I was inspired by Dejim Juang's video: Easily bypass Amazon Web Service API Gateway calls to AWS Lambda functions using MuleSoft
I had some experience working with AWS "serverless" services including Lambda functions so Anypoint Studio's AWS connectors were a good fit for me. As a bonus, Lambda functions and DynamoDB will autoscale based on demand.
Also, given the upcoming holidays, I was thinking it would be cool to give folks an easy way to share photos of their holiday events.
What it does
Photo Upper allows folks to easily share their virtual or in-person event photos with other event attendees. It is essentially a photo booth but everyone's mobile device is the camera.
Event attendees are given a URL or QR code they can scan with their phone's photo app. They are forwarded to the Photo Upper with their event code passed along. On the home page, they can view photos from other attendees or capture and upload their own photos.
When a user selects their own photo a series of events are triggered:
- The user's browser makes a GET request to a CloudHub hosted Anypoint flow named "getSignedURL". This request translates the get parameters to a JSON "event" and invokes an AWS Node.js Lambda function that returns a pre-signed URL to upload the image to S3.
- The user's browser then uploads the image they selected directly to the AWS S3 bucket.
- Once the upload is complete, the browser then makes a POST to another Anypoint flow named process-images. The process-images flow takes the image filename, caption, date, and event code and invokes a "process-images" Lambda function. The process-images Lambda function validates the event code and leverages a Node.js Sharp Lambda Layer to resize the photos to support different size screens. It also writes the image metadata to a DynamoDB table.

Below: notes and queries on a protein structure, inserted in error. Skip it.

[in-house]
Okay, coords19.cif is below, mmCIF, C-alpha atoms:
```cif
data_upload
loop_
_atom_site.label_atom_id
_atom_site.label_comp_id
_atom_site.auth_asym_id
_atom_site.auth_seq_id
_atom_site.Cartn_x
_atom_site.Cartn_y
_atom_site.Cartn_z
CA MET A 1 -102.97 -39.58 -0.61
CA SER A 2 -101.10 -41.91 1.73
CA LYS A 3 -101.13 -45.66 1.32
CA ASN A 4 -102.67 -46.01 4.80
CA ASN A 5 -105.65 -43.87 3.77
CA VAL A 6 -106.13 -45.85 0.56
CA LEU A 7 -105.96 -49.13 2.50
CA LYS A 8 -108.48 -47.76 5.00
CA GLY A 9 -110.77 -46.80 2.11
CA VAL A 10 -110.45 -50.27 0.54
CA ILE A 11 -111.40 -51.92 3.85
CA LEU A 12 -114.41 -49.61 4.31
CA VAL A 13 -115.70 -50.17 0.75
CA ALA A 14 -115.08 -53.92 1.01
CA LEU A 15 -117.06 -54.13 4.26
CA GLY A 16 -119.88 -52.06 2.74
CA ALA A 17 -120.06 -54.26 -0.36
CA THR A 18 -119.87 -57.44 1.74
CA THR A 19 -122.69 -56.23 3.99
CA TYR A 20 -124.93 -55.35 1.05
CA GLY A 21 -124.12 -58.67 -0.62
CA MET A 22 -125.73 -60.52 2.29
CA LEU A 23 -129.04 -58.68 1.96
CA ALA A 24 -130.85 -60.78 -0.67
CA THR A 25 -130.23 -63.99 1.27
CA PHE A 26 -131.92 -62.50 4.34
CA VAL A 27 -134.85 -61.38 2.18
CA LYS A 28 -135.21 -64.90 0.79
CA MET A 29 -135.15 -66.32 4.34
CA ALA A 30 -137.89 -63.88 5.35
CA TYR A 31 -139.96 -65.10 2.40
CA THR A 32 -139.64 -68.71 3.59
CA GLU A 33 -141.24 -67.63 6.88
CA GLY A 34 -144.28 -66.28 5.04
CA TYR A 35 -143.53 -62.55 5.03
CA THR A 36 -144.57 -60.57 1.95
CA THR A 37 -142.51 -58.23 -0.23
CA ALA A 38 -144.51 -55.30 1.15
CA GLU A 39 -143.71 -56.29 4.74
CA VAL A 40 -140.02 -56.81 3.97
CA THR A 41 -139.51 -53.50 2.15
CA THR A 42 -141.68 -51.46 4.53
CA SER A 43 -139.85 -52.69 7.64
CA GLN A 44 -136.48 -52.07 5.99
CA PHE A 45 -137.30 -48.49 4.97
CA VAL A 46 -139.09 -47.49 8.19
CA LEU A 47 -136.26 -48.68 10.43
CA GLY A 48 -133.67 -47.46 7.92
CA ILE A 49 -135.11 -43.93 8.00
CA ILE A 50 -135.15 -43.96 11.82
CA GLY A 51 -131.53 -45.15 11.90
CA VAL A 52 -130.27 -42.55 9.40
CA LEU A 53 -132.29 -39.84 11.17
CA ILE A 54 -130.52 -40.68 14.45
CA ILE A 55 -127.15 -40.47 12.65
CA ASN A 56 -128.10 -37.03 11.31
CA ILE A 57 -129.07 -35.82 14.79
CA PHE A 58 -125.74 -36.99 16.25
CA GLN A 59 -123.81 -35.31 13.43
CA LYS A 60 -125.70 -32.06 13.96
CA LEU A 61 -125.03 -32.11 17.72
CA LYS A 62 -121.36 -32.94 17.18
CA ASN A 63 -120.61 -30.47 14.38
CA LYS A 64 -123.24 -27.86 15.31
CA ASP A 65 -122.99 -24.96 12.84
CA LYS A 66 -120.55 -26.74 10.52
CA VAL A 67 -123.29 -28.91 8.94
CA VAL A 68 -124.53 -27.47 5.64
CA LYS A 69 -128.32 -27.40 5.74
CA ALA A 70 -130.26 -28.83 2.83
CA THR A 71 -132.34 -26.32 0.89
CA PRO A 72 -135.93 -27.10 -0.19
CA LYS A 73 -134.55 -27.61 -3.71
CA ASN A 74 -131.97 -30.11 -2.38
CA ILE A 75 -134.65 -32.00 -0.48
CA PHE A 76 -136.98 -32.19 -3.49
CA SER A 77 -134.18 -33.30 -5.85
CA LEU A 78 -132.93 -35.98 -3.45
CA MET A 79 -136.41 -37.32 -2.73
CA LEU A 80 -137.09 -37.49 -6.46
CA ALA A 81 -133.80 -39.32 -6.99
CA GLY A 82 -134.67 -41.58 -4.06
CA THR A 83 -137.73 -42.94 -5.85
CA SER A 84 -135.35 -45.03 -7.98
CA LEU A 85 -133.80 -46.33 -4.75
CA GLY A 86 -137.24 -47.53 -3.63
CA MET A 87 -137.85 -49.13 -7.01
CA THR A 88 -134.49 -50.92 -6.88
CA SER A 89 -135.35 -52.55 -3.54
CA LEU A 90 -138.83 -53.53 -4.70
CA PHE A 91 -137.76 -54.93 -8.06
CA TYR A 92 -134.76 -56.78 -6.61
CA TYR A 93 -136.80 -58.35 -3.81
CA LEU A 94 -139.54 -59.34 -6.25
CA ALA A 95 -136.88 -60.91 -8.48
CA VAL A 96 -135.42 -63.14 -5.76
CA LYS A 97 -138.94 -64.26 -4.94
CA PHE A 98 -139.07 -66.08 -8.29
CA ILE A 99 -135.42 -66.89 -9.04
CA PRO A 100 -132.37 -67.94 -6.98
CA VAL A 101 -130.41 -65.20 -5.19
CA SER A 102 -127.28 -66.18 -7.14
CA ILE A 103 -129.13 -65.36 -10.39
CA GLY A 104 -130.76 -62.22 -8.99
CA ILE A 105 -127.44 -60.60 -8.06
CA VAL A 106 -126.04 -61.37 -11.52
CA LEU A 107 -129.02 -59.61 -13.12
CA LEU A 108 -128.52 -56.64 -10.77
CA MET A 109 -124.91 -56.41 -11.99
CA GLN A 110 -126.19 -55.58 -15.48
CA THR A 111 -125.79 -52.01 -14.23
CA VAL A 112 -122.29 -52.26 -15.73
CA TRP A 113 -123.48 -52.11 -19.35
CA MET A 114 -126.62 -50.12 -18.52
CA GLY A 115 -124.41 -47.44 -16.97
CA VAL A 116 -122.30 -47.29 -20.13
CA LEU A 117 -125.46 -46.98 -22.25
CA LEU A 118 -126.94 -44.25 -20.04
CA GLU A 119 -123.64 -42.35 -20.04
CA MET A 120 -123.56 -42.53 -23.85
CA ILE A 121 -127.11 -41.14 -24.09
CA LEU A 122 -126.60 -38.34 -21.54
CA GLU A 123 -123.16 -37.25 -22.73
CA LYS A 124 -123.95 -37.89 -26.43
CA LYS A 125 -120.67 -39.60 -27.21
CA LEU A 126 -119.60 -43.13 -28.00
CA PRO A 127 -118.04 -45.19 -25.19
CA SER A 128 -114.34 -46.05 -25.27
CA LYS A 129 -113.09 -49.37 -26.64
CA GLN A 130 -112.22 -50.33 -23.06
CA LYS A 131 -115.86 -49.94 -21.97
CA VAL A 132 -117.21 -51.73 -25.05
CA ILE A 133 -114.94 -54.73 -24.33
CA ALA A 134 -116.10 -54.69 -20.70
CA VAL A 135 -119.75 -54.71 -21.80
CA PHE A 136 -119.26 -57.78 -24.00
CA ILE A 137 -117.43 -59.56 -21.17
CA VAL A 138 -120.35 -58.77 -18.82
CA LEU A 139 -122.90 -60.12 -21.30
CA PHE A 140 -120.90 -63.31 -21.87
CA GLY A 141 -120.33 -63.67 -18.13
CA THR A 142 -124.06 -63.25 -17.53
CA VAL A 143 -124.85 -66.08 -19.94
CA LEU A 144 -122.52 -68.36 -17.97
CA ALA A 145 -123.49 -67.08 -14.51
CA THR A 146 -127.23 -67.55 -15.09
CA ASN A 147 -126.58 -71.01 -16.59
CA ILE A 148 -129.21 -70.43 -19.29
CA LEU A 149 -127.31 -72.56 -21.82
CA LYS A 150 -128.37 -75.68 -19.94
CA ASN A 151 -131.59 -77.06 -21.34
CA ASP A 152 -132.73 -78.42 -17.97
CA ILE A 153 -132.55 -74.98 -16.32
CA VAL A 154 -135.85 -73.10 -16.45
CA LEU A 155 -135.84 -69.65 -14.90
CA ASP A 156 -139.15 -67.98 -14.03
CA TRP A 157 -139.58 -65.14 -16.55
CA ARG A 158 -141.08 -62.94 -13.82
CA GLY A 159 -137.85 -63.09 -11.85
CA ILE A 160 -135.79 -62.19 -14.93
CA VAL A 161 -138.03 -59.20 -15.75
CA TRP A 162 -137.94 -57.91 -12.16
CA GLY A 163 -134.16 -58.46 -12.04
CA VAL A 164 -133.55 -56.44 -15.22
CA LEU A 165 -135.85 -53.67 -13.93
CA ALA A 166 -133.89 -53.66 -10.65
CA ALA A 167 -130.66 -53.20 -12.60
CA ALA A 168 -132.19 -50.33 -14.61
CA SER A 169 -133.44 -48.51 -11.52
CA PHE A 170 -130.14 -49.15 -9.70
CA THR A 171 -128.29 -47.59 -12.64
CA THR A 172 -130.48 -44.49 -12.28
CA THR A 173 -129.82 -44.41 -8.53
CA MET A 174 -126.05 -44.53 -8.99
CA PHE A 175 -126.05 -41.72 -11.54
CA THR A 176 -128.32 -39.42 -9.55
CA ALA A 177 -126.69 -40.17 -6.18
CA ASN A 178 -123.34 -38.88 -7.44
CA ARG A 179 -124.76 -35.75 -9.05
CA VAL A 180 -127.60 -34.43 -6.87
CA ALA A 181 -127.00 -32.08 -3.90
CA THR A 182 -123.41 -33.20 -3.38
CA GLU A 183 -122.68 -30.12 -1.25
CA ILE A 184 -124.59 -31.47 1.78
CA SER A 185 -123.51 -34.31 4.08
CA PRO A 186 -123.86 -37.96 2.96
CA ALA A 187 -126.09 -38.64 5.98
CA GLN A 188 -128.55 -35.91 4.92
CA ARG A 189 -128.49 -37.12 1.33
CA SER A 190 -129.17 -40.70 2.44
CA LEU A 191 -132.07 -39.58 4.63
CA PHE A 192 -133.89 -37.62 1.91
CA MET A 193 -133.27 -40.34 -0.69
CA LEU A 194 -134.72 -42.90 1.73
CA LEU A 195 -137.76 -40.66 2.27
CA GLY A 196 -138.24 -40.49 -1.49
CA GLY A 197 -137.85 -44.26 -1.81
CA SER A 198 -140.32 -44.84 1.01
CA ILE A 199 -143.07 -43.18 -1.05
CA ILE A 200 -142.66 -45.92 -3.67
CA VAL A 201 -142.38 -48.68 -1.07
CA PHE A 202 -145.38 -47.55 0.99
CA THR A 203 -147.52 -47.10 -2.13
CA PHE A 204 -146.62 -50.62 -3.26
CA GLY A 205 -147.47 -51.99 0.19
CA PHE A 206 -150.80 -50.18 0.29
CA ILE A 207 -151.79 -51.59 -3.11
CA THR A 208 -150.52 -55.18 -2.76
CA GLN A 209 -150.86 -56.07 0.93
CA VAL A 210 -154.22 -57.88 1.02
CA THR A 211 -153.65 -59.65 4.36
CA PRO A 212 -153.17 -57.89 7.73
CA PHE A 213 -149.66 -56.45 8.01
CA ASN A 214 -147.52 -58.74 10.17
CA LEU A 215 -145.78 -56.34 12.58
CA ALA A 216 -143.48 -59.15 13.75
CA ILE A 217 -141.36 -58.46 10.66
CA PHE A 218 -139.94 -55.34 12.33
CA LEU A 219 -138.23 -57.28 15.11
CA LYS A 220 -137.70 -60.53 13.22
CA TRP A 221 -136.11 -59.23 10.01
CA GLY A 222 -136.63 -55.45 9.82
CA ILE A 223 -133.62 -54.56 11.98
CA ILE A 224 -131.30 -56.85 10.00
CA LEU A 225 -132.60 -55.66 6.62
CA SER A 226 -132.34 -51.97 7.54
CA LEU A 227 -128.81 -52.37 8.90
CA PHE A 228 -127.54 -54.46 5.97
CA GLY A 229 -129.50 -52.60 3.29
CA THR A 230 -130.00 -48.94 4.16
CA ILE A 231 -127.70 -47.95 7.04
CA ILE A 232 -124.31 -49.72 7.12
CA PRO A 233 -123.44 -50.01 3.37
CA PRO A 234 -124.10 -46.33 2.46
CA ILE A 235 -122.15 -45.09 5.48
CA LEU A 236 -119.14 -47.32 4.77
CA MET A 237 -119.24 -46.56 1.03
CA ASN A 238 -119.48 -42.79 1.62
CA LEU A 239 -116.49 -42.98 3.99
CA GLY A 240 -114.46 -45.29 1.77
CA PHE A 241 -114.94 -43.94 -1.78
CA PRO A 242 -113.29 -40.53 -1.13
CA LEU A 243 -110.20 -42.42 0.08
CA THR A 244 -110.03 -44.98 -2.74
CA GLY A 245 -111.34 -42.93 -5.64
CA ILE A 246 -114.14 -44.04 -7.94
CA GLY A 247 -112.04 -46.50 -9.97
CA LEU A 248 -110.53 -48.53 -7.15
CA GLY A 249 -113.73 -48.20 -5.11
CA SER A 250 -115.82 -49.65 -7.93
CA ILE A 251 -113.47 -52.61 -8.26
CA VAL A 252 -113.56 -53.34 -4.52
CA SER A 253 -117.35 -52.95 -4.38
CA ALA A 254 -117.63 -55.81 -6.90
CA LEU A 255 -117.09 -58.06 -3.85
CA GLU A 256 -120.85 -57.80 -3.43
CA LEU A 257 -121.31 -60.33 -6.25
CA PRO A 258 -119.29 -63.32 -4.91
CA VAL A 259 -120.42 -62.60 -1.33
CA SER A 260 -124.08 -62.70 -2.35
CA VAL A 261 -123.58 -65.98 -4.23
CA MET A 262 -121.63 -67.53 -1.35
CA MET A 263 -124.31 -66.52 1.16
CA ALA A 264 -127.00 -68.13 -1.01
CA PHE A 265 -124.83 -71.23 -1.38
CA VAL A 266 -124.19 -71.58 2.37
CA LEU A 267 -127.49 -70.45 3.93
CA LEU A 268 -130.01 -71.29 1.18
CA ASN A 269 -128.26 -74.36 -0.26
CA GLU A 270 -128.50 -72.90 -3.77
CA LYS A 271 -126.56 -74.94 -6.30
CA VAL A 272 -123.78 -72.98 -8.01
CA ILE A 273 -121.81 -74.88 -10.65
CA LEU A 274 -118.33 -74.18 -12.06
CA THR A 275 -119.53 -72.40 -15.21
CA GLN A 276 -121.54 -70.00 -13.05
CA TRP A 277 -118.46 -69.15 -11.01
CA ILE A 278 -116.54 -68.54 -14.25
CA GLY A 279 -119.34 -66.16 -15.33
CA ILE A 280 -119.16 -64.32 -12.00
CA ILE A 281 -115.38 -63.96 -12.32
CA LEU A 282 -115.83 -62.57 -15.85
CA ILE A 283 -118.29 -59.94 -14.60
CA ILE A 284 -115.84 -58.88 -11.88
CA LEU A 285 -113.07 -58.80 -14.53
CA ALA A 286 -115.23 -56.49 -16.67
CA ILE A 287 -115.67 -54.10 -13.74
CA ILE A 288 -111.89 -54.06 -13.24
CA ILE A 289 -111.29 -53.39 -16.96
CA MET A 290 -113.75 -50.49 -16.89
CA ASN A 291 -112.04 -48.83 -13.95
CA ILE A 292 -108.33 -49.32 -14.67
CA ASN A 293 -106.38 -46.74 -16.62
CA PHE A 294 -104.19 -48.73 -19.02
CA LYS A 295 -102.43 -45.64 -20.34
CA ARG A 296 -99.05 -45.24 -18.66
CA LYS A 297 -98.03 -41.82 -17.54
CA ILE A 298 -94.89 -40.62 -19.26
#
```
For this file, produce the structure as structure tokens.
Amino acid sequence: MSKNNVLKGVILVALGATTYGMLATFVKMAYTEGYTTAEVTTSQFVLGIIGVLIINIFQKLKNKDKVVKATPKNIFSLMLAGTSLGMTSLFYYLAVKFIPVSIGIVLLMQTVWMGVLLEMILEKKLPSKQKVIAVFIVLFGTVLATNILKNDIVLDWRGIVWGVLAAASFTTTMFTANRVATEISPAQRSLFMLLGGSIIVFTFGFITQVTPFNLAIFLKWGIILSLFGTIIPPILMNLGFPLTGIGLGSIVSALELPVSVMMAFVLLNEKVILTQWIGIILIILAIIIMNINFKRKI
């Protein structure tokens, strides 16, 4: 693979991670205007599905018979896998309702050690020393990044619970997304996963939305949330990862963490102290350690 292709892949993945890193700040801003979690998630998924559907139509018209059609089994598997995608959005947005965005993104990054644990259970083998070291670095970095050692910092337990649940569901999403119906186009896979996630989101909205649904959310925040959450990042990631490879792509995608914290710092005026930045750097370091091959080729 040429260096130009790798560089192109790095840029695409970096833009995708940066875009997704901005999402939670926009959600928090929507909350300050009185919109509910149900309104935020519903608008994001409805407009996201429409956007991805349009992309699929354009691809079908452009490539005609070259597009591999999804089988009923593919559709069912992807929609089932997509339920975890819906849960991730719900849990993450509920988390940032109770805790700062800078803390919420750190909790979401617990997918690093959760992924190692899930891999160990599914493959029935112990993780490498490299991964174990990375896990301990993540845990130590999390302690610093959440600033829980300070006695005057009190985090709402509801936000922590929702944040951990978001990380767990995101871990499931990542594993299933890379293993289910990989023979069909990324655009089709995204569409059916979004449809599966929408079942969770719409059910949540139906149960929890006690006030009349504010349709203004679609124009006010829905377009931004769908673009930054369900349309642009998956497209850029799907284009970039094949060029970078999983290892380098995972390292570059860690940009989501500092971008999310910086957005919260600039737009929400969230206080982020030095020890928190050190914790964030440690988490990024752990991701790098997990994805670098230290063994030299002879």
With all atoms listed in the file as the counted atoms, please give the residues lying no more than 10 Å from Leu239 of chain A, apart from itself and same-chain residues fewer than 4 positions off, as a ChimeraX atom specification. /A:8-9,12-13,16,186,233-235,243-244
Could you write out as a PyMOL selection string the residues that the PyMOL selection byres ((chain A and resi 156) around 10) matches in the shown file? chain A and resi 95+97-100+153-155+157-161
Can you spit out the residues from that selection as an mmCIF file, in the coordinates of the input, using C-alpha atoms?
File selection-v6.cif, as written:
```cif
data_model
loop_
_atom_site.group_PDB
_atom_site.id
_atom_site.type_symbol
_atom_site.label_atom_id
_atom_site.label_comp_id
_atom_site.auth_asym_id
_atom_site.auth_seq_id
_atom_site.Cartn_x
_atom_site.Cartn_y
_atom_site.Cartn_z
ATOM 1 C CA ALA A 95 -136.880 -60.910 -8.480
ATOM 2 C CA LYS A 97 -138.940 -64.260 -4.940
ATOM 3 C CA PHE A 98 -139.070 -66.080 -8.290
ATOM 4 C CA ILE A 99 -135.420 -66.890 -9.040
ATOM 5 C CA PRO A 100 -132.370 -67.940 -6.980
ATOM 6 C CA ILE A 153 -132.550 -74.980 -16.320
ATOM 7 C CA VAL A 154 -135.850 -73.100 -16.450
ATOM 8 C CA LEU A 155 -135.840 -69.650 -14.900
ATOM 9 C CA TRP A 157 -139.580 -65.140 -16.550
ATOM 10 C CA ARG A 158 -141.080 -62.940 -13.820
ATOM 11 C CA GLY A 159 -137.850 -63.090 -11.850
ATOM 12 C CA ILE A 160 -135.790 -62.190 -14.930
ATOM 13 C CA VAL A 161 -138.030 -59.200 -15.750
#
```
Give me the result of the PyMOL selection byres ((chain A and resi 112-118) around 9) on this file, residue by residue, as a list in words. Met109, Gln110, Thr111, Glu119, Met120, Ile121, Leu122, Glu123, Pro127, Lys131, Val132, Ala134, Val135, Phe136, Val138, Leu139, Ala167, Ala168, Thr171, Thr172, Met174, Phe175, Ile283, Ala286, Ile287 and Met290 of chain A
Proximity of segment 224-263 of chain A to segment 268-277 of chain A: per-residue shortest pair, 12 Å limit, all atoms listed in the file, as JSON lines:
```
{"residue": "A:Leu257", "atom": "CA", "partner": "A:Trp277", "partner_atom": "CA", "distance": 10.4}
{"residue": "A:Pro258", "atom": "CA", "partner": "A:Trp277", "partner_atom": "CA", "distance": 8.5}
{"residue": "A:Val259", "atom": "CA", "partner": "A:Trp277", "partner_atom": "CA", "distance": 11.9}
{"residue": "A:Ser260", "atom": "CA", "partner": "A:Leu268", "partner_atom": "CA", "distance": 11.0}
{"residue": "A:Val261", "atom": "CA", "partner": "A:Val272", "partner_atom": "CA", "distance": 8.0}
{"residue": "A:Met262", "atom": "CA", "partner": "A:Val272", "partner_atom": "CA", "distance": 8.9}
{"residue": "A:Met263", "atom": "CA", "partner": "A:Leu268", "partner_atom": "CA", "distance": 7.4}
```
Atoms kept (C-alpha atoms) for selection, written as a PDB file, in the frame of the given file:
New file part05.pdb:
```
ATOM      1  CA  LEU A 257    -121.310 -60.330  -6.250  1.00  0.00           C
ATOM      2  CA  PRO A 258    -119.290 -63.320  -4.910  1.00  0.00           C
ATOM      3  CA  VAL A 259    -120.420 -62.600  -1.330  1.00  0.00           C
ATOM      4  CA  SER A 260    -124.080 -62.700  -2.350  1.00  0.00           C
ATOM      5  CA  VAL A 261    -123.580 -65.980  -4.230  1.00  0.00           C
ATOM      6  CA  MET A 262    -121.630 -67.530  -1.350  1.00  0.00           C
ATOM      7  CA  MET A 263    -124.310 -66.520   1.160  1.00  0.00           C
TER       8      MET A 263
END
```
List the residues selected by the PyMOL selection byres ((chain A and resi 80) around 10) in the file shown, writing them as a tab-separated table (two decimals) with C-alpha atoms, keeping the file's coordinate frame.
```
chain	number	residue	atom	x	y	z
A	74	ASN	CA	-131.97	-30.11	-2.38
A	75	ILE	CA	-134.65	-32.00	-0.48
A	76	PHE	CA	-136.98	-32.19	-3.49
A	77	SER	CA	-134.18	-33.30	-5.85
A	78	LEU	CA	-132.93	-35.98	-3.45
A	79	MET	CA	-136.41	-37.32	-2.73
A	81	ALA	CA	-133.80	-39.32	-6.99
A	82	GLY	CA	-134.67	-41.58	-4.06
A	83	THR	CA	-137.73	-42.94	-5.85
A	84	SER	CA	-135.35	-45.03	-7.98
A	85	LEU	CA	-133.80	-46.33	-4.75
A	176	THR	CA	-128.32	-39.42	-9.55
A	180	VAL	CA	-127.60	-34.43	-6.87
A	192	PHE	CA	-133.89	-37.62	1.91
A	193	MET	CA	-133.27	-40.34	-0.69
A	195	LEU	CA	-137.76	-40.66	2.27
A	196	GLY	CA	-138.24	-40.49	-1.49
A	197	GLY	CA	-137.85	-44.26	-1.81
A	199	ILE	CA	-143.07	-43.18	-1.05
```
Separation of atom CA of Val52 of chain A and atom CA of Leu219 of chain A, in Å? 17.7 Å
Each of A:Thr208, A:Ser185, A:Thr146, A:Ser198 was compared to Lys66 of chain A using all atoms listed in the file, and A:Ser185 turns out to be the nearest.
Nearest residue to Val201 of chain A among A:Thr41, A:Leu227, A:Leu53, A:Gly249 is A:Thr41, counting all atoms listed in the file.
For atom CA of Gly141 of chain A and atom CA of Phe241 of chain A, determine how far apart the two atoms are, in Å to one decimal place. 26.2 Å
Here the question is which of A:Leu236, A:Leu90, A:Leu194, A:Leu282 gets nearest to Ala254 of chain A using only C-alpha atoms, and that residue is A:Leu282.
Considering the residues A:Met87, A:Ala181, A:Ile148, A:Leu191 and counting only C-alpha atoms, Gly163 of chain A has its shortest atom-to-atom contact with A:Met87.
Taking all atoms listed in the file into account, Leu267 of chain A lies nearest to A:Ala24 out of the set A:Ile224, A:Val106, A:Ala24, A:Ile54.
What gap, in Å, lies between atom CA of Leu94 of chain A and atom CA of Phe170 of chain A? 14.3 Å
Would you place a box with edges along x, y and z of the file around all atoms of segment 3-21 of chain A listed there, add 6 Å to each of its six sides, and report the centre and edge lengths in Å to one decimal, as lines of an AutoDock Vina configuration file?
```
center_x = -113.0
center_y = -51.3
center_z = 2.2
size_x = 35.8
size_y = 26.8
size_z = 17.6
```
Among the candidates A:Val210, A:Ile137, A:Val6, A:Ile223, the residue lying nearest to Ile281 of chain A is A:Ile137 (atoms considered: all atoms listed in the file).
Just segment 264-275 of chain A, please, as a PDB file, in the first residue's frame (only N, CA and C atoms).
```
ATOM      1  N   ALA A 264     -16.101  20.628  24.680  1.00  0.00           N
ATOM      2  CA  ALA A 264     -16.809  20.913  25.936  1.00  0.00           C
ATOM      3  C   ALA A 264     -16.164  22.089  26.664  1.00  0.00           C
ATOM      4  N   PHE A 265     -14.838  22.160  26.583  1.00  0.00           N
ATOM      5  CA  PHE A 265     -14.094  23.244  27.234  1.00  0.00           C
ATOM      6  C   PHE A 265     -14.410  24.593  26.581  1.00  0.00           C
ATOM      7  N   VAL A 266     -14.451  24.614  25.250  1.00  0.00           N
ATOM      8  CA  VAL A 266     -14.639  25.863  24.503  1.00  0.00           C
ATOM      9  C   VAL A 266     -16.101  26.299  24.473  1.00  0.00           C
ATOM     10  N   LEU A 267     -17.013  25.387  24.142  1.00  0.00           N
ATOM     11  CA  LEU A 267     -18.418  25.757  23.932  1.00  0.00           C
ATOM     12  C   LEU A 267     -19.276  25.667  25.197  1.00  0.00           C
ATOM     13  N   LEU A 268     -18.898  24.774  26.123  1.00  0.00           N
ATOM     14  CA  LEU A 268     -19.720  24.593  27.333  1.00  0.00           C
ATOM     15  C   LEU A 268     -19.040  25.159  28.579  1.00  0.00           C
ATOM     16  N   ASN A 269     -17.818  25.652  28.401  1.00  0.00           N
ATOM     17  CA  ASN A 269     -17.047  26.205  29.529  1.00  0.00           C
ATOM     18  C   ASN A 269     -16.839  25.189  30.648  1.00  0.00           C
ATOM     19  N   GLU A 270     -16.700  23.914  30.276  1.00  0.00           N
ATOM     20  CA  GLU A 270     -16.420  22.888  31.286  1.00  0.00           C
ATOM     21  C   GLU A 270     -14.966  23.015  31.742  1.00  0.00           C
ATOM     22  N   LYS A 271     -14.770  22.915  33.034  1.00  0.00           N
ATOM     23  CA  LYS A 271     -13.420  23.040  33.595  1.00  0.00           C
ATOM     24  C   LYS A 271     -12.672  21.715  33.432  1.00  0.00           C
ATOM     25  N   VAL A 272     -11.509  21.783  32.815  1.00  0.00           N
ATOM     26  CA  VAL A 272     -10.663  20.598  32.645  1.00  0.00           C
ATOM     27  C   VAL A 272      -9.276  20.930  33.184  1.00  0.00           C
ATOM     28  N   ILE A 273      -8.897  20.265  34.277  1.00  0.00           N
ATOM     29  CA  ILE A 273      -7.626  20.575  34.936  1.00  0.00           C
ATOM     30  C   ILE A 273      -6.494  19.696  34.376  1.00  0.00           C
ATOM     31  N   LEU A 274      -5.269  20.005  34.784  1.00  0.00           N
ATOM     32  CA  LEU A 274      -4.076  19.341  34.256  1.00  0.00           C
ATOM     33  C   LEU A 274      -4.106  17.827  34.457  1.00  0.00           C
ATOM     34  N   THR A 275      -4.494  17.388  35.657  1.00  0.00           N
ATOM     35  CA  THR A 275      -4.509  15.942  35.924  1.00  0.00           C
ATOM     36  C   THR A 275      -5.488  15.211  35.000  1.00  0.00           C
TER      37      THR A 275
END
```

- The browser is then forwarded to the gallery screen that calls another Anypoint flow named getPhotosForEventCode. This flow invokes the photoupper-getphotos Lambda which queries the DynamoDB tables to validate the event and get the current list of photos. The result is returned to the browser, sorted, and the images are displayed with the latest on top so the user can see all the latest photos from the event including their own.
How I built it
I built Photo Upper using Anypoint Studio, Visual Studio Code, Postman, and the browser dev tools. The three Anypoint flows are hosted on CloudHub and leverage Anypoint connectors to directly invoke AWS Lambda functions written in Node.js.
The process-images function uses a Lambda layer to pull in a Node.js Sharp library (libvips) that has been custom compiled for the AWS Lambda Node.js functions. Sharp provides fast image resizing as well as other image manipulation operations.
All the static assets are stored in an S3 bucket as an origin for a Cloudfront distribution. The Cloudfront distribution is the endpoint for photoupper.com and holds the TLS cert.
Challenges I ran into
This was my first time using Anypoint Studio and CloudHub so my learning curve was pretty high!
Accomplishments that we're proud of
The entire project is built on "serverless" technologies. There are no servers that need to be managed (by me).
What we learned
This was my first time using Anypoint Studio as a developer and not just a consumer. I learned how to create basic flows, leverage Anypoint connectors, and deploy APIs to CloudHub. Other key pieces I learned in MuleSoft:
- TLS configuration
- CORS configuration
- Anypoint Debugging
What's next for Photo Upper
- Leverage Amazon Rekognition for photo moderation
- Individualized access codes so if someone abuses the system their access can be revoked.
- Themes - I.e., birthdays, weddings, holidays, etc.
- Photo contest voting
- Better Anypoint flow integrations